IMPORTANT UPDATE: Disappointingly, we have – with our board – decided that in the current global situation we are going to suspend recruitment of the post of General Manager. We will wait for a few months to see how the situation develops and what the best course of action is within its context. We will contact everyone who has applied or enquired about the job individually, and we will share updates as soon as we can.
Keep safe and well and keep looking out for each other.
So we have two vans booked. We have borrowed an extra workshop space from our landlord and marked out the Jacksons Lane stage on its floor. We have rethought how our set is constructed so that actual human beings can build it without mechanical assistance. We have replaced a no longer available Stage Manager with an available Stage Manager. Elements of the soundtrack have been tweaked and we have hired some fancy baton lights that were used in the original performances but which it is unreasonable to expect venues to have in their stock. We have collated venue details, printed new fliers and posters. We have rewritten promotional text to bespoke lengths, updated program notes and conducted interviews on the radio. We have conversed with technical and marketing departments checking that the show will work on each stage and that people will turn up to see it. Accommodation has been booked and per diems withdrawn from the bank. We are nearly ready to take The Capital on tour – why are we bothering?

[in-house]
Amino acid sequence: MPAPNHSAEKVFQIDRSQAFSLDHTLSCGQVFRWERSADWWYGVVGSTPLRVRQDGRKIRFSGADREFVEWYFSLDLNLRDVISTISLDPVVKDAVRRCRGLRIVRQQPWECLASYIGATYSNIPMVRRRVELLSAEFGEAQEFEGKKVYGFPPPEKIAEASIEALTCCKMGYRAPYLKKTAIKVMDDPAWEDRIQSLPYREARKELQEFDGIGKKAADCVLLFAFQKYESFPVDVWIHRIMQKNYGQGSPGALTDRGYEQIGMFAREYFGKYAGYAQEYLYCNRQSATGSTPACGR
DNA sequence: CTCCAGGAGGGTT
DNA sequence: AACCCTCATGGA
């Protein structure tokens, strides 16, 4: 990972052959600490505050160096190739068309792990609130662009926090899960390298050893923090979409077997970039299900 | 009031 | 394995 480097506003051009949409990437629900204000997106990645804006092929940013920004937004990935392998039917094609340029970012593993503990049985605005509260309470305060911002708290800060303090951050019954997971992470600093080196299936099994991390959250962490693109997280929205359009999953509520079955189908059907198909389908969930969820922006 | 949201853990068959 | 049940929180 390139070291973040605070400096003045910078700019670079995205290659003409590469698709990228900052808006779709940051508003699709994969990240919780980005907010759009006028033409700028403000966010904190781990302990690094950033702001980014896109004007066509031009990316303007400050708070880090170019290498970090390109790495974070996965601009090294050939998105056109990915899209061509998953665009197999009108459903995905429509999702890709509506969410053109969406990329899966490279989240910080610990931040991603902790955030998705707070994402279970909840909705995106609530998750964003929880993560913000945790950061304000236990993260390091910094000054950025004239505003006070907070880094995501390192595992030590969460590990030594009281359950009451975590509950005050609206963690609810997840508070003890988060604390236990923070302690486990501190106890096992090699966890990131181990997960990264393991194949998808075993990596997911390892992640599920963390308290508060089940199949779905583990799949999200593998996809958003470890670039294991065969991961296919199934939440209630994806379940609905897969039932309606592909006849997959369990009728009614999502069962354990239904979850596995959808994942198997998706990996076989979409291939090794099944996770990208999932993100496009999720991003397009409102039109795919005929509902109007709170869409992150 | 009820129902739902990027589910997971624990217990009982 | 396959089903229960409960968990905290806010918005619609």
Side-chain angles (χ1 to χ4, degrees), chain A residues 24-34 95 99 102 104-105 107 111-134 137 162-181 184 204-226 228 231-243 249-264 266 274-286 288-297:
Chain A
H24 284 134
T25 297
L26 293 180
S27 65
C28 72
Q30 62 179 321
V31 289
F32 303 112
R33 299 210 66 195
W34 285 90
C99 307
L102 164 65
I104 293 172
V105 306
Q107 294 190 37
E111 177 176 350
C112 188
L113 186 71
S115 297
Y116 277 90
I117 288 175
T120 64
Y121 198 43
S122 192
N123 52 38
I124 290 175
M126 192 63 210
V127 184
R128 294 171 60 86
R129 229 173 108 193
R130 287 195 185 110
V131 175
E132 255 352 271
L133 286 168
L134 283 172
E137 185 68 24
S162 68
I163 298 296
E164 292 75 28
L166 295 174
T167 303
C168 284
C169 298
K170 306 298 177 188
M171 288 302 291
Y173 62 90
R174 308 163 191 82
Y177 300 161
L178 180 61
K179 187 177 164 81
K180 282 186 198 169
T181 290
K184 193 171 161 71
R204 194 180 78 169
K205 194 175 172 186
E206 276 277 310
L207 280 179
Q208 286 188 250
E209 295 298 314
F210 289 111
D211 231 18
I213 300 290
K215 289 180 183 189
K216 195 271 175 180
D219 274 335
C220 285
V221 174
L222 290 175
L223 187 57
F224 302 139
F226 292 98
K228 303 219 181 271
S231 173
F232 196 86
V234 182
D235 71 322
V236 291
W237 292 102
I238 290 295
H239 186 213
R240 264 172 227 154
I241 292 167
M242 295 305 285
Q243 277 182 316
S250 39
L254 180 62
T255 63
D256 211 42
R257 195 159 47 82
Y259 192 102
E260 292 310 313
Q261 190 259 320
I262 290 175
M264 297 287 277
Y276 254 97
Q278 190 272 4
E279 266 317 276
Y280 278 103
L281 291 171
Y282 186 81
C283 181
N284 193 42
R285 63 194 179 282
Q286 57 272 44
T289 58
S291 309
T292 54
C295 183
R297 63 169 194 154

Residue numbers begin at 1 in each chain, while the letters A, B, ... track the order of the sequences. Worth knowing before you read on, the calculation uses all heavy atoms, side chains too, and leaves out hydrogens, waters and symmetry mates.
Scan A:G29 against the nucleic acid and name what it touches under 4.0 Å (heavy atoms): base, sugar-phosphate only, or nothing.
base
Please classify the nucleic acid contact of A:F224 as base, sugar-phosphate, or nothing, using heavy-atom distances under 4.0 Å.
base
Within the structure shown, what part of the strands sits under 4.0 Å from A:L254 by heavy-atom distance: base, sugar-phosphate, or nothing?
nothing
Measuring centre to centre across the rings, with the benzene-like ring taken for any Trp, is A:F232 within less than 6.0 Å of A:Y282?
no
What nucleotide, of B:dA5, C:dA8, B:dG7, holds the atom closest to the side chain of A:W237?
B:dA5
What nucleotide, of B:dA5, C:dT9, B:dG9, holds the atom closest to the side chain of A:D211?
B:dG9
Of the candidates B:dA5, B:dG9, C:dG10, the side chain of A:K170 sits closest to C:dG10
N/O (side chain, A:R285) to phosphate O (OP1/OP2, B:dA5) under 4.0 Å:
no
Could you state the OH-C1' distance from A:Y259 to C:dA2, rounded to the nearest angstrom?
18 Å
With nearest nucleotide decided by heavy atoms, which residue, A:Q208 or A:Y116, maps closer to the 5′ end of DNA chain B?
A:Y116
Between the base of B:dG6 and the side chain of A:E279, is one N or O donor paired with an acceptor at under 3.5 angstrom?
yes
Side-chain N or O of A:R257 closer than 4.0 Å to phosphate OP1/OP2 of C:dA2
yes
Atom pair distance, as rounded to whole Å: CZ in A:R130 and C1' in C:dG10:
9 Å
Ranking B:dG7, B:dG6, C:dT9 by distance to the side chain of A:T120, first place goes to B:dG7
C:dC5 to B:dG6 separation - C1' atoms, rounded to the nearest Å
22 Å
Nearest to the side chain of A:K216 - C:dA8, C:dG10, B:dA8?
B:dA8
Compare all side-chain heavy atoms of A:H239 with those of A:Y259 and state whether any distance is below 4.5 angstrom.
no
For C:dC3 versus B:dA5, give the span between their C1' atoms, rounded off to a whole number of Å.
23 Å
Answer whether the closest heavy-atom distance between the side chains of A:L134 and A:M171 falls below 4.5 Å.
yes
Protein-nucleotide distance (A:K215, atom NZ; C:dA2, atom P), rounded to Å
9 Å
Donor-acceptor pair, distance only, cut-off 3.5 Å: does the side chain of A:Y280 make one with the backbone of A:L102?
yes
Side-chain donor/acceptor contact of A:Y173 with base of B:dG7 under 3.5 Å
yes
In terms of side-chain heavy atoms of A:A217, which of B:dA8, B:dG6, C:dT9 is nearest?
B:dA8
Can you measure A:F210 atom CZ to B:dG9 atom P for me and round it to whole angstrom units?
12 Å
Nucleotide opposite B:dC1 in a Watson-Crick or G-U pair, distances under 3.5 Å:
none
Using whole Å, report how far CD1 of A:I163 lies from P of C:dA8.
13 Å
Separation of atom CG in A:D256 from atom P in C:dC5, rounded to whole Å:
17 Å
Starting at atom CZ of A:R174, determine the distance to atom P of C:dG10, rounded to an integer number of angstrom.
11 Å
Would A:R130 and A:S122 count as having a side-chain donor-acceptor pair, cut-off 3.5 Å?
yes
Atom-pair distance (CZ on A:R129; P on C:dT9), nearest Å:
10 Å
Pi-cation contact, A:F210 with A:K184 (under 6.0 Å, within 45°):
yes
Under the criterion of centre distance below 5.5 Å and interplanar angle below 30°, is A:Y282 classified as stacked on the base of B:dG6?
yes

I love the principle of touring. You’ve made a show you are proud of and so you want to show it to as many people as possible, everyone should have a chance to see the show if they wish. I love how difficult it is, the amount of bloodyminded obstinacy it requires to fill a Luton Van full of set and a Transit Van full of props, drive them across the country and spend eight hours preparing in order to perform a ninety minute show before taking everything down again and packing it back into the vans. To me it is special that this is done just for the people who choose to be there that night and no one else, how can this act of commitment be denied and if the show is good, so much the better.
Touring theatre is how we find out what people in other places are thinking and doing. If theatre doesn’t tour then inspiration and influence don’t spread. I want people to be inspired and influenced by Stan’s Cafe whether it’s aesthetically, motivationally or simply fuelling up artists who cry ‘we can do better than that!’
Touring is also a means through which we learn about our shows. After four performances we know The Capital a little, but having gone away and come back and remembered and performed it again we will know more and each new performance and venue will bring new knowledge. Different audiences and different physical spaces will stretch the show in different ways. Repetition will give the actors more chances to explore how they perform and what is possible.
Taking theatre from place to place is to gather people round a shared experience that is made by all of us: the visiting company, the resident technicians and theatre staff plus that night’s audience. I love this gathering, if it’s huge then the moment feels celebratory and if it’s tiny then it feels impossibly intense.
Who knows what lies ahead in the next couple of weeks – the uncertainty is all part of it as well.